Music mission to Beijing hopes to hit right note for British artists_XinHua_Asia Pacific Daily

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Music mission to Beijing hopes to hit right note for British artists

XinHua2017-04-21

LONDON, April 21 (Xinhua) -- The British government on Friday announced a music mission to China to tap into the lucrative Chinese music market. The government also announced financial grants as part of a music exports growth scheme to help promote the rising music stars of the future. A spokesman for the Department for International Trade said: "British artists currently make up around 5 percent of the top 100 chart entries in China and we want to help British talent access this growing market with a week-long mission in Beijing from April 24 to May 1." The China music mission is being organised in partnership with industry bodies, the Association of Independent Music and the British Phonographic Industry, and will feature conferences, artist showcases and music company visits. A total of just over 140,000 pounds (179,144 U.S. dollars) has been made available to 12 British acts ranging from singer songwriter Lucy Rose, whose songwriting started with her writing tunes on her family's piano, and Northern Irish singer Ciaran Lavery, an exciting talent from the tiny village of Aghagallon in County Antrim. British International Trade Minister Mark Garnier said: "The UK is a global leader in the music industry -- from Adele to Ed Sheeran, music is one of our most important exports." "We are now launching our music mission to China so we can tap into the lucrative Asian market as part of an outward looking global Britain. Alongside this, we are targeting grants at the musical stars of the future who will hopefully follow in the footsteps of the big names who have led the way in our export successes." Emmy Buckingham, international manager at the Association of Independent Music, said: "We are encouraged by advances in Chinese copyright law which are creating valuable market opportunities. This trade mission comes at an opportune time to equip British music companies with the vital intelligence and contacts they need to develop their business in this complex region." Enditem

LONDON, April 21 (Xinhua) -- The British government on Friday announced a music mission to China to tap into the lucrative Chinese music market.
The government also announced financial grants as part of a music exports growth scheme to help promote the rising music stars of the future.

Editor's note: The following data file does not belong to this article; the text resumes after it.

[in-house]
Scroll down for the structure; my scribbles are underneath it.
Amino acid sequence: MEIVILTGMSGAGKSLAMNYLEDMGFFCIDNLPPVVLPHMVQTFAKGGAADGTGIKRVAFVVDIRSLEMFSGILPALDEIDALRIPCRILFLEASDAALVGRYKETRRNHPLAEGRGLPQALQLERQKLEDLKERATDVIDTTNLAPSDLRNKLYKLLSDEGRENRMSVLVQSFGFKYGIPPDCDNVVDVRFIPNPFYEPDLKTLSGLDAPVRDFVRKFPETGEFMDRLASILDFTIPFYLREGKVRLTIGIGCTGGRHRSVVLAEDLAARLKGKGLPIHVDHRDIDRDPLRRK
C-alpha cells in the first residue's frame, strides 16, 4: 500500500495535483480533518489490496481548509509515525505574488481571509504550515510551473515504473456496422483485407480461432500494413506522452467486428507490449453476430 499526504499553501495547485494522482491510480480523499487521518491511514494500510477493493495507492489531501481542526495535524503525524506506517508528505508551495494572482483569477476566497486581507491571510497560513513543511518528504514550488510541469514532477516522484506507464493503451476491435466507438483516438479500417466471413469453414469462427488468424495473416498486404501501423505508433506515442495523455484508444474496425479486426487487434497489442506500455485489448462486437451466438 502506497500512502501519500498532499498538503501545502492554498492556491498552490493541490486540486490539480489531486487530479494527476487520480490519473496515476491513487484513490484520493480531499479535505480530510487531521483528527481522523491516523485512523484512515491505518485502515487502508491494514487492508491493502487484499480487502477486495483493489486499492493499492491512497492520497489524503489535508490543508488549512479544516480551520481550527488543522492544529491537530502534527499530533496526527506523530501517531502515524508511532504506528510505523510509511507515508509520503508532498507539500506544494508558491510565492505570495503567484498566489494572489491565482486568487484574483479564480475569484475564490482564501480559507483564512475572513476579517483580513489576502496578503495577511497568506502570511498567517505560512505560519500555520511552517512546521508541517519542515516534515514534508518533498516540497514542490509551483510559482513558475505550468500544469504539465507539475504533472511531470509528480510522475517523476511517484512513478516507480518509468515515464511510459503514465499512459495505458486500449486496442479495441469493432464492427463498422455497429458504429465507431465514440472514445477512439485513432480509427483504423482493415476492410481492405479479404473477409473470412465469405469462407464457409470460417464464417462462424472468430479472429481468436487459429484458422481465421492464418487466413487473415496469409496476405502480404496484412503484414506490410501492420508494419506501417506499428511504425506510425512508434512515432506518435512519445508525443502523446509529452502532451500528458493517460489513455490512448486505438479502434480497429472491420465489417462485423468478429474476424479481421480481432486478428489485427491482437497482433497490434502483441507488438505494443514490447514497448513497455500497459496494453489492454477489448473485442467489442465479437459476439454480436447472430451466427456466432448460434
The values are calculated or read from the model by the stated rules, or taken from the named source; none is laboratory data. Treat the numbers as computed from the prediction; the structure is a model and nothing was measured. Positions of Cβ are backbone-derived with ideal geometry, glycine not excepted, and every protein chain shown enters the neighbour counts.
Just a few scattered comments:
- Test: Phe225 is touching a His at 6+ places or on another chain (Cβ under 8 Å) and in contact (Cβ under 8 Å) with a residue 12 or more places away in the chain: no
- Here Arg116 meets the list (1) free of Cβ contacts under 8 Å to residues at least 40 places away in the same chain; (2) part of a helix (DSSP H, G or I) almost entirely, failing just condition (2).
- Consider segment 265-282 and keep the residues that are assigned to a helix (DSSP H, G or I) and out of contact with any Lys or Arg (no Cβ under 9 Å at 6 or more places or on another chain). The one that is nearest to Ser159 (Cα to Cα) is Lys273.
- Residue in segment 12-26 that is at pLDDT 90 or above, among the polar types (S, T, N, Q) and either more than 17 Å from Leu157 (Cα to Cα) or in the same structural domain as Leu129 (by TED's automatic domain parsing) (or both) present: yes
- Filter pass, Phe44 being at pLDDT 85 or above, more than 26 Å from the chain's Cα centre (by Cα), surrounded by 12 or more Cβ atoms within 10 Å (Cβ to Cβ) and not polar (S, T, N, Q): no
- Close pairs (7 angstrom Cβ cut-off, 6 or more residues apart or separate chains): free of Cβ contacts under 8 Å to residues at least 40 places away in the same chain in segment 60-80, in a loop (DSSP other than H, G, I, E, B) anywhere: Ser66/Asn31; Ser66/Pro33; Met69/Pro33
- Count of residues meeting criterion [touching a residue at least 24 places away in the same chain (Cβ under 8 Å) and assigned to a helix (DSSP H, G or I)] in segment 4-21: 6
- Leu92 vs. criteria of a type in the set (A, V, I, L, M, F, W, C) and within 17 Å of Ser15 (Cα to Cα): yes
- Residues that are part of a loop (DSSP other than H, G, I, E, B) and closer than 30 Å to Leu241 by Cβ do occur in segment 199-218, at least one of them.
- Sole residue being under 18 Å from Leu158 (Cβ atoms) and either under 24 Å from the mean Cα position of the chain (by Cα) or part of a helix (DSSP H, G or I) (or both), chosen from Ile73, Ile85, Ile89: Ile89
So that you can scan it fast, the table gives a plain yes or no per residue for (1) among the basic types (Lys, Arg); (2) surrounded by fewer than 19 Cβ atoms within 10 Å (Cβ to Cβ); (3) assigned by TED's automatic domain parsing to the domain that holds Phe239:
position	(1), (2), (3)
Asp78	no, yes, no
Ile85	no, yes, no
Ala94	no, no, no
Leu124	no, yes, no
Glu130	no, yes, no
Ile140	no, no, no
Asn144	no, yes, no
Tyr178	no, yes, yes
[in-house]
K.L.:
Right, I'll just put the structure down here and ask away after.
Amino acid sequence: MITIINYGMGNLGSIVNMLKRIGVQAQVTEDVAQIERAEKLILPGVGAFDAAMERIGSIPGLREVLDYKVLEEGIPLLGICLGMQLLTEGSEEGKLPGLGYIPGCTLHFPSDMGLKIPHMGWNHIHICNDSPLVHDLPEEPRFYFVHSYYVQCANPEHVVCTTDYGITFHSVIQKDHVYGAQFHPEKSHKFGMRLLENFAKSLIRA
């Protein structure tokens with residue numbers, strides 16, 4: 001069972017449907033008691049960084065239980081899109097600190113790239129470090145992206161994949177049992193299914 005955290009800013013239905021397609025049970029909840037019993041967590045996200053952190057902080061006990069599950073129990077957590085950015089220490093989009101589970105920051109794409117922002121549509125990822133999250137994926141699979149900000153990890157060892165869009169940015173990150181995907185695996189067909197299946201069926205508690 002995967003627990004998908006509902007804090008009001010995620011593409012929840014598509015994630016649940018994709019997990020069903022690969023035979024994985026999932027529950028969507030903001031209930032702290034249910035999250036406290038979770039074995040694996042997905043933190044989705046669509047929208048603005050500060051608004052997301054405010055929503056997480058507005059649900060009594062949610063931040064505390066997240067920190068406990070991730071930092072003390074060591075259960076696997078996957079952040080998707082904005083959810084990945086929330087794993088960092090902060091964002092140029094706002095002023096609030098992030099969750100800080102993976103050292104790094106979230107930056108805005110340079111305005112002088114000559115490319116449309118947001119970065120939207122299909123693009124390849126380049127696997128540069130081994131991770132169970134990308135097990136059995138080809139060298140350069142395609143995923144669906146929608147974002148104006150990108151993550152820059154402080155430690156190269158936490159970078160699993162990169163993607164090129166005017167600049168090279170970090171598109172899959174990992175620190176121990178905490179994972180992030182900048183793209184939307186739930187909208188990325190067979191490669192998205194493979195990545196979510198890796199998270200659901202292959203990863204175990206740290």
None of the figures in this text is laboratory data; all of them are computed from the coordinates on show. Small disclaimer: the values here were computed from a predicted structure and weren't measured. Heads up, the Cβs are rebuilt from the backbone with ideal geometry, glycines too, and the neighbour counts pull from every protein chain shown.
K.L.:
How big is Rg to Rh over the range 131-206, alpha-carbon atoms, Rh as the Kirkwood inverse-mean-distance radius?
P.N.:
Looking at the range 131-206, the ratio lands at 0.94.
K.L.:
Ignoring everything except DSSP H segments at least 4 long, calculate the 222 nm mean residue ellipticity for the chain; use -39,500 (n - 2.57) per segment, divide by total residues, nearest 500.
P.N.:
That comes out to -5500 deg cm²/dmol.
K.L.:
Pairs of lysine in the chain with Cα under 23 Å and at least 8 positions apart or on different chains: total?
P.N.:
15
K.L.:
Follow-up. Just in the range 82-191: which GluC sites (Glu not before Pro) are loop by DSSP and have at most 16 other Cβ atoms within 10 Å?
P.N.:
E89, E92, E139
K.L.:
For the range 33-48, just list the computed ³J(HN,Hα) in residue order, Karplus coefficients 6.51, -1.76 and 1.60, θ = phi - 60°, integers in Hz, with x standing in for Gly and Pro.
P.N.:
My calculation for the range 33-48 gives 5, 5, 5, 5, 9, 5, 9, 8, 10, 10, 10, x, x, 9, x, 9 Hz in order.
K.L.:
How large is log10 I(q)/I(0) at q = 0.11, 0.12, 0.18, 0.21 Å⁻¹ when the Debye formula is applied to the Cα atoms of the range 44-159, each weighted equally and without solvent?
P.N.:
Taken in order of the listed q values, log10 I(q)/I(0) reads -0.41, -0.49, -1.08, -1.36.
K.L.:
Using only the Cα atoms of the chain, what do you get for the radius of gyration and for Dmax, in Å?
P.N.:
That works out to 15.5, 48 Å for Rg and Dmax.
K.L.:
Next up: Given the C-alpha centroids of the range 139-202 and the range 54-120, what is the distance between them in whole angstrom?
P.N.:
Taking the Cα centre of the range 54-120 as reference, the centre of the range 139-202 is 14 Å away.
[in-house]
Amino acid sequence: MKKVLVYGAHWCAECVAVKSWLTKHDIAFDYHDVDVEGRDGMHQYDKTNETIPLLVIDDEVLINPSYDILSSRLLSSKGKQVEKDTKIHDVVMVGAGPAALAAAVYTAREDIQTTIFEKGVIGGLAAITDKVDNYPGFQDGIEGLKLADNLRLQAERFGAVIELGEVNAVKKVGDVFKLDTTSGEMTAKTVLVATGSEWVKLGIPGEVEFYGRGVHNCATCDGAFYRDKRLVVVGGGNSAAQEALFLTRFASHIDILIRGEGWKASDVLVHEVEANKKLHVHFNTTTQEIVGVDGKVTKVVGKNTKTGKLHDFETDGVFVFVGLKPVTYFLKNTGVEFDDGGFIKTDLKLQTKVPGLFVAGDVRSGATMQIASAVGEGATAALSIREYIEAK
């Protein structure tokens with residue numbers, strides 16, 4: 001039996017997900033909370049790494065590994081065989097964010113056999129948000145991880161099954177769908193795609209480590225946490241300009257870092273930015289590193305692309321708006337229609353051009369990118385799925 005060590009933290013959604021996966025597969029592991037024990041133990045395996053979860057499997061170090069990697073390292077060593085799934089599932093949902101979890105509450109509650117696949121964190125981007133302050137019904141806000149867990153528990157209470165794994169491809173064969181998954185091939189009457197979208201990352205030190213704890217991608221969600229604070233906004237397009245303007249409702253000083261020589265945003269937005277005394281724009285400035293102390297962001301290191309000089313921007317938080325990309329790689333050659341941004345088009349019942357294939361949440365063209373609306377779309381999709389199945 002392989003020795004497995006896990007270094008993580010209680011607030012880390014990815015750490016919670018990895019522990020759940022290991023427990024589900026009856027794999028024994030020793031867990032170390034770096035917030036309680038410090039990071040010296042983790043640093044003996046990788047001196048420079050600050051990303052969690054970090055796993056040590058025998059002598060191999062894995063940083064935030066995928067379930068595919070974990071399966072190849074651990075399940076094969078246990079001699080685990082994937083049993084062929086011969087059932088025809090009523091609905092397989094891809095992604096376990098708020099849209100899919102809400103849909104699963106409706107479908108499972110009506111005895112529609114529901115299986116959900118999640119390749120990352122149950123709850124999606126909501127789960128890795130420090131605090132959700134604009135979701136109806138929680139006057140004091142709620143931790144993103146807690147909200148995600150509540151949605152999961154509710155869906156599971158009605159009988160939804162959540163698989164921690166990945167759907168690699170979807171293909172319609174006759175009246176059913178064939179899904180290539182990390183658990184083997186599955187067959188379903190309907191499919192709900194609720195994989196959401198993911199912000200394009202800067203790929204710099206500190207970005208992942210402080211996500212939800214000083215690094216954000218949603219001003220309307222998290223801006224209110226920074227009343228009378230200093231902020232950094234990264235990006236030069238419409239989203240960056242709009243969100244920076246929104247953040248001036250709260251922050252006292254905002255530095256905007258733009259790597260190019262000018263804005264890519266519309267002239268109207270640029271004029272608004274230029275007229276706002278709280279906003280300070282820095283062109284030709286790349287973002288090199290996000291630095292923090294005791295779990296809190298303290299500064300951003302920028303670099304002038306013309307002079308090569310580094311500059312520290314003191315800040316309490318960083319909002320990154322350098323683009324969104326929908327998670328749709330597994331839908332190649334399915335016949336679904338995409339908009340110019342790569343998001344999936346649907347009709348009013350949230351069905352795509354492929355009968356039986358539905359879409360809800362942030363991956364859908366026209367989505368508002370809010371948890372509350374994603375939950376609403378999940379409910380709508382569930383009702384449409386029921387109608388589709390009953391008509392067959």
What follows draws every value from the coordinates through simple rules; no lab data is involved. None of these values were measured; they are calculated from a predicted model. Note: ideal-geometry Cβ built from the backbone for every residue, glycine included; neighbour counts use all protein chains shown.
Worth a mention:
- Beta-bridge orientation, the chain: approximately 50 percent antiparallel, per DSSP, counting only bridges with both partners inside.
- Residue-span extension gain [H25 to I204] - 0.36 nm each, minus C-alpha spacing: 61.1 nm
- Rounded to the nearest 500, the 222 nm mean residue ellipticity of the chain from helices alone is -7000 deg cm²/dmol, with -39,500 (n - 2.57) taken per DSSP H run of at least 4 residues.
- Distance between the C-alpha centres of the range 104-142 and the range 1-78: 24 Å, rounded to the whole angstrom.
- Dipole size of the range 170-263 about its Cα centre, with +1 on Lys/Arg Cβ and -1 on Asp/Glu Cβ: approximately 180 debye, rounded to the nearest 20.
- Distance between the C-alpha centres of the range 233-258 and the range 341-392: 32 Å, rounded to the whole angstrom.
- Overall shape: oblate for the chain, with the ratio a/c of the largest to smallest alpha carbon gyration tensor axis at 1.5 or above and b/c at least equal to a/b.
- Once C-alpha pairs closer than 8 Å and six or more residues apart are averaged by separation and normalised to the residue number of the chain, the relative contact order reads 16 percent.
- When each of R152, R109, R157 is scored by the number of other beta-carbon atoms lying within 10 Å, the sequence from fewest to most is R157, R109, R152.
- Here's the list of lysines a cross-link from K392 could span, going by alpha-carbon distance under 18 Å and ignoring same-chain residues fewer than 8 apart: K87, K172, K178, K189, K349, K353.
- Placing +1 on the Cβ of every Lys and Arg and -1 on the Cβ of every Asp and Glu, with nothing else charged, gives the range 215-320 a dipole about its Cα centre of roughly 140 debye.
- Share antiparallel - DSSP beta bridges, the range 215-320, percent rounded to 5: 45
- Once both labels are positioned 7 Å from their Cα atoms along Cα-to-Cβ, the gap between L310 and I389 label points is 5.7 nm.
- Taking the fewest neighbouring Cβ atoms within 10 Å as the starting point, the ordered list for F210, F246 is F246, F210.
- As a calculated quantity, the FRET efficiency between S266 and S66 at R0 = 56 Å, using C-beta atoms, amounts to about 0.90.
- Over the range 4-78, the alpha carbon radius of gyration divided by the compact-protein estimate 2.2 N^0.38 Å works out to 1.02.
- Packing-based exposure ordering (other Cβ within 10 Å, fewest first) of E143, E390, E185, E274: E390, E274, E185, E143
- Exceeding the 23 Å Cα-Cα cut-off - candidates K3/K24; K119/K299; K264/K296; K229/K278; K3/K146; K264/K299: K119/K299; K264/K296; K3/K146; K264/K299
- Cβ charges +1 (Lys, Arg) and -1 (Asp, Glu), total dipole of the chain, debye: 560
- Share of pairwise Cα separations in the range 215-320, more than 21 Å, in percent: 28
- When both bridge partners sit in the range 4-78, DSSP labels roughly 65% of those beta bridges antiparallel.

A spokesman for the Department for International Trade said: "British artists currently make up around 5 percent of the top 100 chart entries in China and we want to help British talent access this growing market with a week-long mission in Beijing from April 24 to May 1."
The China music mission is being organised in partnership with industry bodies, the Association of Independent Music and the British Phonographic Industry, and will feature conferences, artist showcases and music company visits.
A total of just over 140,000 pounds (179,144 U.S. dollars) has been made available to 12 British acts ranging from singer songwriter Lucy Rose, whose songwriting started with her writing tunes on her family's piano, and Northern Irish singer Ciaran Lavery, an exciting talent from the tiny village of Aghagallon in County Antrim.
British International Trade Minister Mark Garnier said: "The UK is a global leader in the music industry -- from Adele to Ed Sheeran, music is one of our most important exports."
"We are now launching our music mission to China so we can tap into the lucrative Asian market as part of an outward looking global Britain. Alongside this, we are targeting grants at the musical stars of the future who will hopefully follow in the footsteps of the big names who have led the way in our export successes."
Emmy Buckingham, international manager at the Association of Independent Music, said: "We are encouraged by advances in Chinese copyright law which are creating valuable market opportunities. This trade mission comes at an opportune time to equip British music companies with the vital intelligence and contacts they need to develop their business in this complex region." Enditem

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